Bush went into June 1991 convinced that Gorbachev was the key figure in guaranteeing continued US-Soviet worldwide cooperation and this meant he must do everything in his power to protect the Soviet ruler, Waters explained.
“Bush and his administration at least twice warned Gorbachev and his people that the United States had hard evidence that hardliners were planning a coup,” Waters stated. “By the time Bush warned Gorbachev, their two countries had established a remarkable working relationship.”
In December 1988, Gorbachev and previous US President Ronald Reagan had strong-armed their allies into a southern African peace settlement under which the Cubans left Angola and South Africa gave Namibia its independence, Waters continued.
“This created the atmosphere that allowed the South Africans to give up Apartheid and grant Black-majority rule,” Waters said. “A few months later, US and Soviet officials agreed to expand this start and work to end the Cold War in Africa, which ultimately brought peace to Ethiopia and Mozambique.”
After the fall of the Berlin Wall and movement toward German reunification, Gorbachev allowed the Bush administration to lead a UN war against the Soviets' ally, Iraq, in 1991, Waters added.
“Bush believed that this solidified a new period of international cooperation, but the war further weakened Gorbachev and his democratic and reformist ideology,” Waters acknowledged. “Leftists and nationalists saw their country as weakening and Gorbachev as a pawn of Bush and Wall Street.”
“The USSR had been politically comatose since the 1960s and economically weakened since the 1970s. By the time the coup occurred, the currency was worthless, commodity exchange was screeching to a halt, and the republics were raising the drawbridges,” Lazare said.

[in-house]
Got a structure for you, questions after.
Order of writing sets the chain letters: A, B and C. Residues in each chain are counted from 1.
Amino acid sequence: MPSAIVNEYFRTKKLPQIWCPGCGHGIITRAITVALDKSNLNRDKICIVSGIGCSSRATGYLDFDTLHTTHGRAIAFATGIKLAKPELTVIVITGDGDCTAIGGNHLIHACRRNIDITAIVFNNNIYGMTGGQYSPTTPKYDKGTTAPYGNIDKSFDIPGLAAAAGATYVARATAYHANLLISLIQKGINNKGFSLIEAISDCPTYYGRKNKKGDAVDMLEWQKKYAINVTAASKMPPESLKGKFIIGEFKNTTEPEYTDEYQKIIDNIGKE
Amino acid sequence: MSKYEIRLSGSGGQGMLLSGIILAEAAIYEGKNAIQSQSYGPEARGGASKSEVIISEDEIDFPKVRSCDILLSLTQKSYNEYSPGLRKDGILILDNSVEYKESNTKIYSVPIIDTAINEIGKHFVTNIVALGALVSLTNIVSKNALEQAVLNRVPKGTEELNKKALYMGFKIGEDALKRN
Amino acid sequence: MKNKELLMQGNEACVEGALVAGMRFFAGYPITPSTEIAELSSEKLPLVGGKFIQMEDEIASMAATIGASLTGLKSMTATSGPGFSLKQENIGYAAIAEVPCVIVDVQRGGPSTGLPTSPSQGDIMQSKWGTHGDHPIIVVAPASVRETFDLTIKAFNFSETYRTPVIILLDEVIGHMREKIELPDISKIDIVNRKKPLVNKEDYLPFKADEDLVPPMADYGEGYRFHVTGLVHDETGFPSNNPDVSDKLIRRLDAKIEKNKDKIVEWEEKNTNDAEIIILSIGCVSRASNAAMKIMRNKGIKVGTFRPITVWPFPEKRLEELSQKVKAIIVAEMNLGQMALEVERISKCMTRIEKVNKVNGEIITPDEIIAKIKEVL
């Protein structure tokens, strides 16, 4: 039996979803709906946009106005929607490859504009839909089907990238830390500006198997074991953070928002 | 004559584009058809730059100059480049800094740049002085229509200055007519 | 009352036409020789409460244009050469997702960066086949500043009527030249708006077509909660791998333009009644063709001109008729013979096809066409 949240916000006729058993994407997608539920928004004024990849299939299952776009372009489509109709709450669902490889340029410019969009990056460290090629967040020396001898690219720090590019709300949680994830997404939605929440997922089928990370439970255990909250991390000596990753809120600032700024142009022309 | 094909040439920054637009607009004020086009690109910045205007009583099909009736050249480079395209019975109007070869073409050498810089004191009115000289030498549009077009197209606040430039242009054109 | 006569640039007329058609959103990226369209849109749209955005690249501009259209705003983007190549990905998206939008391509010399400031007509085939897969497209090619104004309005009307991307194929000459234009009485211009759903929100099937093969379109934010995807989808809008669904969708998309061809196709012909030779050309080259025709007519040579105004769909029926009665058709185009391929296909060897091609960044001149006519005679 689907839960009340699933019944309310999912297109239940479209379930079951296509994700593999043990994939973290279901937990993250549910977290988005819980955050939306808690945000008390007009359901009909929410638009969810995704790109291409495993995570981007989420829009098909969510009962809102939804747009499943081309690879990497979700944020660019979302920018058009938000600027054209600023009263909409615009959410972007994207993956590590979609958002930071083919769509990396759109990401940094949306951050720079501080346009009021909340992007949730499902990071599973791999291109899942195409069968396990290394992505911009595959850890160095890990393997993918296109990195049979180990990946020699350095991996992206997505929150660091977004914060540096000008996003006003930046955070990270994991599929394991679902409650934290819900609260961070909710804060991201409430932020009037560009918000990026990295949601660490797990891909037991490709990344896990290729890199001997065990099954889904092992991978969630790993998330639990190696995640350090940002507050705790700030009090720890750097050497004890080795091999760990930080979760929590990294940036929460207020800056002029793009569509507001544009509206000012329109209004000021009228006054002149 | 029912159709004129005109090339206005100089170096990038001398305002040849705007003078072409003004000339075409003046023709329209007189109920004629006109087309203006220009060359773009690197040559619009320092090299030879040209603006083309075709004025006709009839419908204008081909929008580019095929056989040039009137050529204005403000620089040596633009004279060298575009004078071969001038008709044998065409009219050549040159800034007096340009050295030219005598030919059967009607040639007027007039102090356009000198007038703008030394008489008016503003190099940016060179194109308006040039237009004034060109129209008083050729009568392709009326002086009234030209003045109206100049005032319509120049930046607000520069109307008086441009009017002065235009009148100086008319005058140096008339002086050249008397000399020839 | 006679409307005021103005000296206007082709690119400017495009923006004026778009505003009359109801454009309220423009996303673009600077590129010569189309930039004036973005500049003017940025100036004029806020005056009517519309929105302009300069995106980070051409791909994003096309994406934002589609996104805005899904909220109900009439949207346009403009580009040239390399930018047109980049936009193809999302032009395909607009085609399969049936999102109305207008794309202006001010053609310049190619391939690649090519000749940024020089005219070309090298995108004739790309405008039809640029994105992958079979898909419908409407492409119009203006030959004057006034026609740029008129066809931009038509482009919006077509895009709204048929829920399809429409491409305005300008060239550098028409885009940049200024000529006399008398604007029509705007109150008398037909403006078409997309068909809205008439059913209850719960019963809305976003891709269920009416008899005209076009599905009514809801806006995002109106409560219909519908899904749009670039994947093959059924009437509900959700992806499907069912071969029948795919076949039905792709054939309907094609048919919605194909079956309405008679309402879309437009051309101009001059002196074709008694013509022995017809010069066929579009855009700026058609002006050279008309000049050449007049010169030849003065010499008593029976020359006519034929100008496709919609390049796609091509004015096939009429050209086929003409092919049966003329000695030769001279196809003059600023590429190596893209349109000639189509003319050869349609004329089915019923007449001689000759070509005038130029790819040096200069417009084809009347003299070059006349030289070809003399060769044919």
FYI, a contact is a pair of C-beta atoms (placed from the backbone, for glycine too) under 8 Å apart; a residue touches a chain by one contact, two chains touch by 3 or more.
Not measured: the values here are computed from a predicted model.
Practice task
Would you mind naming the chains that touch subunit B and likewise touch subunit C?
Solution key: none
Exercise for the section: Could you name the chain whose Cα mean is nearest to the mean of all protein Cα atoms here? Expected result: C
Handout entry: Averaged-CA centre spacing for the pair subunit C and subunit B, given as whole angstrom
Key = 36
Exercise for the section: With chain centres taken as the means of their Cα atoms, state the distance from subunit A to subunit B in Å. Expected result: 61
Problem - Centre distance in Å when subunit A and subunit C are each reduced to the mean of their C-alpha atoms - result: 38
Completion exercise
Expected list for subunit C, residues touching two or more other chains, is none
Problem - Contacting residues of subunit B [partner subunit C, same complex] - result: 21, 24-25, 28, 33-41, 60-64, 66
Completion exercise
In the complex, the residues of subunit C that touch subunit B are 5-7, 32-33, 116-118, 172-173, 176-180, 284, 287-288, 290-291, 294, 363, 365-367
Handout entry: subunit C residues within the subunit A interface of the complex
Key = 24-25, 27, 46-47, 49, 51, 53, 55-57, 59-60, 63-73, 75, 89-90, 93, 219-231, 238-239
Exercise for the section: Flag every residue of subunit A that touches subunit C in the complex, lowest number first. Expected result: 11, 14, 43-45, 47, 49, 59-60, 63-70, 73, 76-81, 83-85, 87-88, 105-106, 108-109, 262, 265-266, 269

Lazare confirmed that the US government was a spectator to the coup drama rather than a significant participant in it.
“As for the US role, I actually don't think it was all that significant. Of course, America constantly made itself felt and worked ceaselessly to reorder the world system to its own advantage. But US power was not as overweening as it is now,” Lazare noted.
The Soviet collapse was largely internal because it became unable to modernize either politically or economically, Lazare concluded.
The August Putsch started early on August 19, 1991. Led by Soviet Vice President Gennady Yanayev, the State Committee on the State of Emergency (GKChP) attempted to remove Gorbachev from power while he was on holiday in Crimea. The coup collapsed several days later, on August 22. The coup attempt is widely believed to have significantly contributed to the disintegration of the Soviet Union on December 26.